Are we looking for Martian life in all the wrong places?

A study suggests that we may be searching in the wrong place for signs of life on Mars, when we examine rocks excavated by meteor impacts for organic compounds. The research could allow space agencies to select landing sites for missions that are more likely to yield samples containing the markers of ancient, or even present life.
When NASA searches for life on Mars, the search focuses on trying to detect tiny organic compounds, which are most likely to be discovered encased in Martian rock. However, compounds that may have existed in rocks located on the surface of Mars would have been degraded by radiation from the Sun.
Consequently, rocks that had been buried deep beneath the surface, and recently (at least in geological terms) brought to the surface by powerful meteor strikes, are considered prime targets for rovers such as Curiosity as they trundle along looking for signs of life.
The new study, undertaken by scientists from Imperial College London and the University of Edinburgh, aimed to test whether biological compounds encased in Martian rock could survive the extreme conditions created in the aftermath of a meteor strike.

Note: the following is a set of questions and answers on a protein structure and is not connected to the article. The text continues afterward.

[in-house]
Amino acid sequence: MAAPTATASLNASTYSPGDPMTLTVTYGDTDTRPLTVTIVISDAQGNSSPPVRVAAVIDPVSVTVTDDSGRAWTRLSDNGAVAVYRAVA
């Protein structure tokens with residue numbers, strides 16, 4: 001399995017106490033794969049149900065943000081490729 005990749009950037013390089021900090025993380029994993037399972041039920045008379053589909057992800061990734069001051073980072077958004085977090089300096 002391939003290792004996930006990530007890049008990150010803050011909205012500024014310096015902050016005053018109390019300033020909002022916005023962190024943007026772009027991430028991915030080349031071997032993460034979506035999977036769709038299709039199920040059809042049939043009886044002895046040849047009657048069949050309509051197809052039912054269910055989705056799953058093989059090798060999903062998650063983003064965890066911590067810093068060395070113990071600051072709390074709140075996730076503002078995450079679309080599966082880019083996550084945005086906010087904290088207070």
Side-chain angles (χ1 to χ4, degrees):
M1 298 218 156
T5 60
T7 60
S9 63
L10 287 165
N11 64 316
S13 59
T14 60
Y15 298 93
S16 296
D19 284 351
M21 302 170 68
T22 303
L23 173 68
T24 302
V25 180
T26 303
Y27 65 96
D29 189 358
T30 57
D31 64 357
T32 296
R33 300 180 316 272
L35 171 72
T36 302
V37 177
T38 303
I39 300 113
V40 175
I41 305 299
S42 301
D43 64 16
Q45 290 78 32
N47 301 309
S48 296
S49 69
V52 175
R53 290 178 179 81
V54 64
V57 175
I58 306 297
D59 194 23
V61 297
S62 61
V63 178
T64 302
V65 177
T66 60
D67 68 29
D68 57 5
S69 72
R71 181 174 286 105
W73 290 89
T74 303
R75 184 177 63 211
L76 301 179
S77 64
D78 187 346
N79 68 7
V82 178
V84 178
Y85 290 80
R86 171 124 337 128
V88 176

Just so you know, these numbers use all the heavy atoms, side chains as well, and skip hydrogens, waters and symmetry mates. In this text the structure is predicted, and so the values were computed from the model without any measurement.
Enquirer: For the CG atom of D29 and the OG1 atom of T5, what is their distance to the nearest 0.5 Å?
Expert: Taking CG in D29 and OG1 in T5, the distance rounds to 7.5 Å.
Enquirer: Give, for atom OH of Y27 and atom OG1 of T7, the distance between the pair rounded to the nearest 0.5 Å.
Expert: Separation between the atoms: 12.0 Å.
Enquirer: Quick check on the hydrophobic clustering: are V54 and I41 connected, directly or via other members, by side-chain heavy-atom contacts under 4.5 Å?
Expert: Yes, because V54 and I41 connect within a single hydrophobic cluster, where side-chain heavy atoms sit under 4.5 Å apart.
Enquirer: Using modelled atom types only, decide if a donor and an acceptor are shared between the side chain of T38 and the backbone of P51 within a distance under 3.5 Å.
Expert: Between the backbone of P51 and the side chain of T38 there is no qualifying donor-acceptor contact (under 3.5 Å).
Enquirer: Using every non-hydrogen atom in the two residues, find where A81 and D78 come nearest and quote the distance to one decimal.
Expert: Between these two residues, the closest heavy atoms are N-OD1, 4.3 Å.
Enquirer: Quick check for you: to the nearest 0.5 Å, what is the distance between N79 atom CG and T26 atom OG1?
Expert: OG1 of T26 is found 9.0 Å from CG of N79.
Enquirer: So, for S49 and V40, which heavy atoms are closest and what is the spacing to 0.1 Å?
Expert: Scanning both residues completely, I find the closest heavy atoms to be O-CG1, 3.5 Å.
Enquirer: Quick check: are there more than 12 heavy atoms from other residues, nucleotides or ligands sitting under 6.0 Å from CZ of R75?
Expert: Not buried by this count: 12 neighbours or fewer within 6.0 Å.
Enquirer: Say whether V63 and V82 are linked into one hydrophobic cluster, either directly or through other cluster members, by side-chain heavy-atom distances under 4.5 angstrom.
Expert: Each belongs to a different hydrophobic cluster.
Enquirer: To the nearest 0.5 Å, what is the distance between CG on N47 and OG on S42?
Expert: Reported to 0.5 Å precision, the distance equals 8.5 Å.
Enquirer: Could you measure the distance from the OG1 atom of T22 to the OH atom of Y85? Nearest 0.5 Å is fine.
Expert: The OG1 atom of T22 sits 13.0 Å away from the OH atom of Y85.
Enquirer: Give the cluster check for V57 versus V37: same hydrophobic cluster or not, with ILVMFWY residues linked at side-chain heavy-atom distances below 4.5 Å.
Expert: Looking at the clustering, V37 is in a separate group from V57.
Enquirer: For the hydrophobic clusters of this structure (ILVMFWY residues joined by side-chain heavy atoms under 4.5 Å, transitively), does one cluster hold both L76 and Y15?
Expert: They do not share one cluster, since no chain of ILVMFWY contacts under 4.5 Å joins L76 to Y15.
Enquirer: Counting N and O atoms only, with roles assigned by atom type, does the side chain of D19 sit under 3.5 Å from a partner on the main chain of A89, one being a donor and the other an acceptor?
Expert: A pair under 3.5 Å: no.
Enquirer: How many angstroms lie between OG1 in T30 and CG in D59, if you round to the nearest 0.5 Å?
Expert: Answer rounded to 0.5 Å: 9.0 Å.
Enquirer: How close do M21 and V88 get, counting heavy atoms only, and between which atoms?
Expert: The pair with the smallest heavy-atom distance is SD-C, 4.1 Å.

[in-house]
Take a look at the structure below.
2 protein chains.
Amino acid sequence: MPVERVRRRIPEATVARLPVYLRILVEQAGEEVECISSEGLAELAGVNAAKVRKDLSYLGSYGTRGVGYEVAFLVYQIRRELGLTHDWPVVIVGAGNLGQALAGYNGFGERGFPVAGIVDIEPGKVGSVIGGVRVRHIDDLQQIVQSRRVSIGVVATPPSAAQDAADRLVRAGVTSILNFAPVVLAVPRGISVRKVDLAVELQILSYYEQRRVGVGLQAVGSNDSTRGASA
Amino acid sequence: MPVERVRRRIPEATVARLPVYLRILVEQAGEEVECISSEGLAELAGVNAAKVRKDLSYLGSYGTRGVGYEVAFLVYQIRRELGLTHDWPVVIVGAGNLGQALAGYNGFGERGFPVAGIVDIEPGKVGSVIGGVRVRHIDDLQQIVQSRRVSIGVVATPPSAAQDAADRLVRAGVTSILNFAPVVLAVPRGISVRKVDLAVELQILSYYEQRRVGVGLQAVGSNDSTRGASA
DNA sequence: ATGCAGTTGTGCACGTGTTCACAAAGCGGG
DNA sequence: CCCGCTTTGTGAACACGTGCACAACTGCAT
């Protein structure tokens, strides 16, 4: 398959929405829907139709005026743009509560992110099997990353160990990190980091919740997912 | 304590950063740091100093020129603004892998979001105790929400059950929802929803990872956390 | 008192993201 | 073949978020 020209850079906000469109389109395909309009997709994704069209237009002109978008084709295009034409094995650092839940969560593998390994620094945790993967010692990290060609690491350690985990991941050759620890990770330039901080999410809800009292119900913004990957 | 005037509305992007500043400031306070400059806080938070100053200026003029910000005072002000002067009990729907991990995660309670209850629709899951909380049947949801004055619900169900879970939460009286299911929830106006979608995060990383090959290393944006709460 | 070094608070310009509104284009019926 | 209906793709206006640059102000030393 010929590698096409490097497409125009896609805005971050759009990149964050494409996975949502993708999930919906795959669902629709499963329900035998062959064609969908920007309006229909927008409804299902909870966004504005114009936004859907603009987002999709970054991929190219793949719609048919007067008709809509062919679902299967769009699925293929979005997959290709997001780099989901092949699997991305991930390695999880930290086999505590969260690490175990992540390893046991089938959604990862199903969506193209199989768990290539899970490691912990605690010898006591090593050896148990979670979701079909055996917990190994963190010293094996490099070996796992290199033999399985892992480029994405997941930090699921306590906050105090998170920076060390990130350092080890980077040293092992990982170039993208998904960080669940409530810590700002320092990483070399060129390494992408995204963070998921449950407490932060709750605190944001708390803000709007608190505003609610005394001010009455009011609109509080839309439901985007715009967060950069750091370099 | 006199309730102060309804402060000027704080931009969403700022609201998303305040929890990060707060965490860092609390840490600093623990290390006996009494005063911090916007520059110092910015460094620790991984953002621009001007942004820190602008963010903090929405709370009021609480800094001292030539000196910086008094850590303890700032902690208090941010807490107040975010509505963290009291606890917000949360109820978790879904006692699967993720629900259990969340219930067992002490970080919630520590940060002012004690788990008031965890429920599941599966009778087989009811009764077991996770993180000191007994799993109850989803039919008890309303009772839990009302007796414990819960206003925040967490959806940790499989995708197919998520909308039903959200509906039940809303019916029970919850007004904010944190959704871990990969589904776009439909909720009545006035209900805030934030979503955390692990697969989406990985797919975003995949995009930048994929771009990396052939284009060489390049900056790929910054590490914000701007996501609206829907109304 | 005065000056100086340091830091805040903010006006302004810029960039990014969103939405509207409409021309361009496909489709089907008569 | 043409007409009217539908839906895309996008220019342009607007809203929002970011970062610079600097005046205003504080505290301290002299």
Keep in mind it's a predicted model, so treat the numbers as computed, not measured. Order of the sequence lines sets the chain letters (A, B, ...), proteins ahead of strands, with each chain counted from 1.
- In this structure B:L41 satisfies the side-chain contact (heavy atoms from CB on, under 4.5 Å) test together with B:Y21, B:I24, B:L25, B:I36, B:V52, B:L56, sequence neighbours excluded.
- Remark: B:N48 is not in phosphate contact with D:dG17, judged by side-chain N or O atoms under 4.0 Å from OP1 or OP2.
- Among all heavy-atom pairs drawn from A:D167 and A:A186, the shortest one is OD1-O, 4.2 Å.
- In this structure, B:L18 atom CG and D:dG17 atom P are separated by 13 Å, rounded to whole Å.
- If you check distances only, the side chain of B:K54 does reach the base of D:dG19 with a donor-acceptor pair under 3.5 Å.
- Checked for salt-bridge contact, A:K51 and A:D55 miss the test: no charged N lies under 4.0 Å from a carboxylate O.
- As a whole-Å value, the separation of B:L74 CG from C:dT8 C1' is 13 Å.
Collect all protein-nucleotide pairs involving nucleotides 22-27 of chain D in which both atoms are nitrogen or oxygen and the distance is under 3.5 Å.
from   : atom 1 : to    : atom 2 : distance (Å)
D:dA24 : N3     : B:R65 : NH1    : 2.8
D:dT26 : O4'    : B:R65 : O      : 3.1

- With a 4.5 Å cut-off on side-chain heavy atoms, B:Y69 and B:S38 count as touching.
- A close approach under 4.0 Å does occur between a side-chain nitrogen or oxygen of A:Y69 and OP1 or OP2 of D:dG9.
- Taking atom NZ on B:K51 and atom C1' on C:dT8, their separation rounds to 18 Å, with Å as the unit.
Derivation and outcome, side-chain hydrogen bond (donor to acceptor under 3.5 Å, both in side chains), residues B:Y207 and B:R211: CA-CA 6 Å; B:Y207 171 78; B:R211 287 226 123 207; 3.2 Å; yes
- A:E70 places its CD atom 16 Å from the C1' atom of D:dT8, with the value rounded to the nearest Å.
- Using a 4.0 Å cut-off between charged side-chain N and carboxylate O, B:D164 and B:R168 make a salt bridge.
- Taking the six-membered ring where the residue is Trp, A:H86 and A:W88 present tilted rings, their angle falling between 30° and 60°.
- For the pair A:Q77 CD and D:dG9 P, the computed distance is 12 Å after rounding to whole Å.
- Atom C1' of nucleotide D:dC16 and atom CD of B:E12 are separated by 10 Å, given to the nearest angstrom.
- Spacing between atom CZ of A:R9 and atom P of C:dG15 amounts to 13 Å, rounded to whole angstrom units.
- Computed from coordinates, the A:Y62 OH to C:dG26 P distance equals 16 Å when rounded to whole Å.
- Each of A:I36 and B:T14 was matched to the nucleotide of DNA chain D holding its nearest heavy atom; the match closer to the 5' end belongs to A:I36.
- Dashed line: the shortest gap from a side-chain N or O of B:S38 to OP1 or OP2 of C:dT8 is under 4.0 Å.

The team placed various organic compounds contained in an analogue of Martian rock inside a piston cylinder device, and subjected them to the temperature and pressure that would be exerted on the sample, if it were to be ejected by the impact of a 10-m (33-ft) meteor impact.
Following chemical analysis of the samples, it was discovered that a meteor strike of this magnitude would destroy certain types of organic compounds, but that others would survive. Traces of long chain hydrocarbon dominated-matter, which comprises algal and microbial life, were degraded to the extent that they were undetectable. However, organic compounds known as aromatic hydrocarbons, which are found in plant life, survived the tests relatively unscathed.
The knowledge that meteor impacts have the capacity to erase the hallmarks of life that may once have been contained in excavated rocks could aide space agencies when selecting the landing sites for future missions to the Red Planet. Further research may identify certain families of impact sites best suited to discovering clues to life on Mars, and which ones to avoid.
Moving forward, the team intends to test a wider range of impact intensities in order to determine the extent to which the size of the meteor, the angle at which it struck, and the depth at which the sample is buried has an effect on an organic compound’s ability to survive an impact.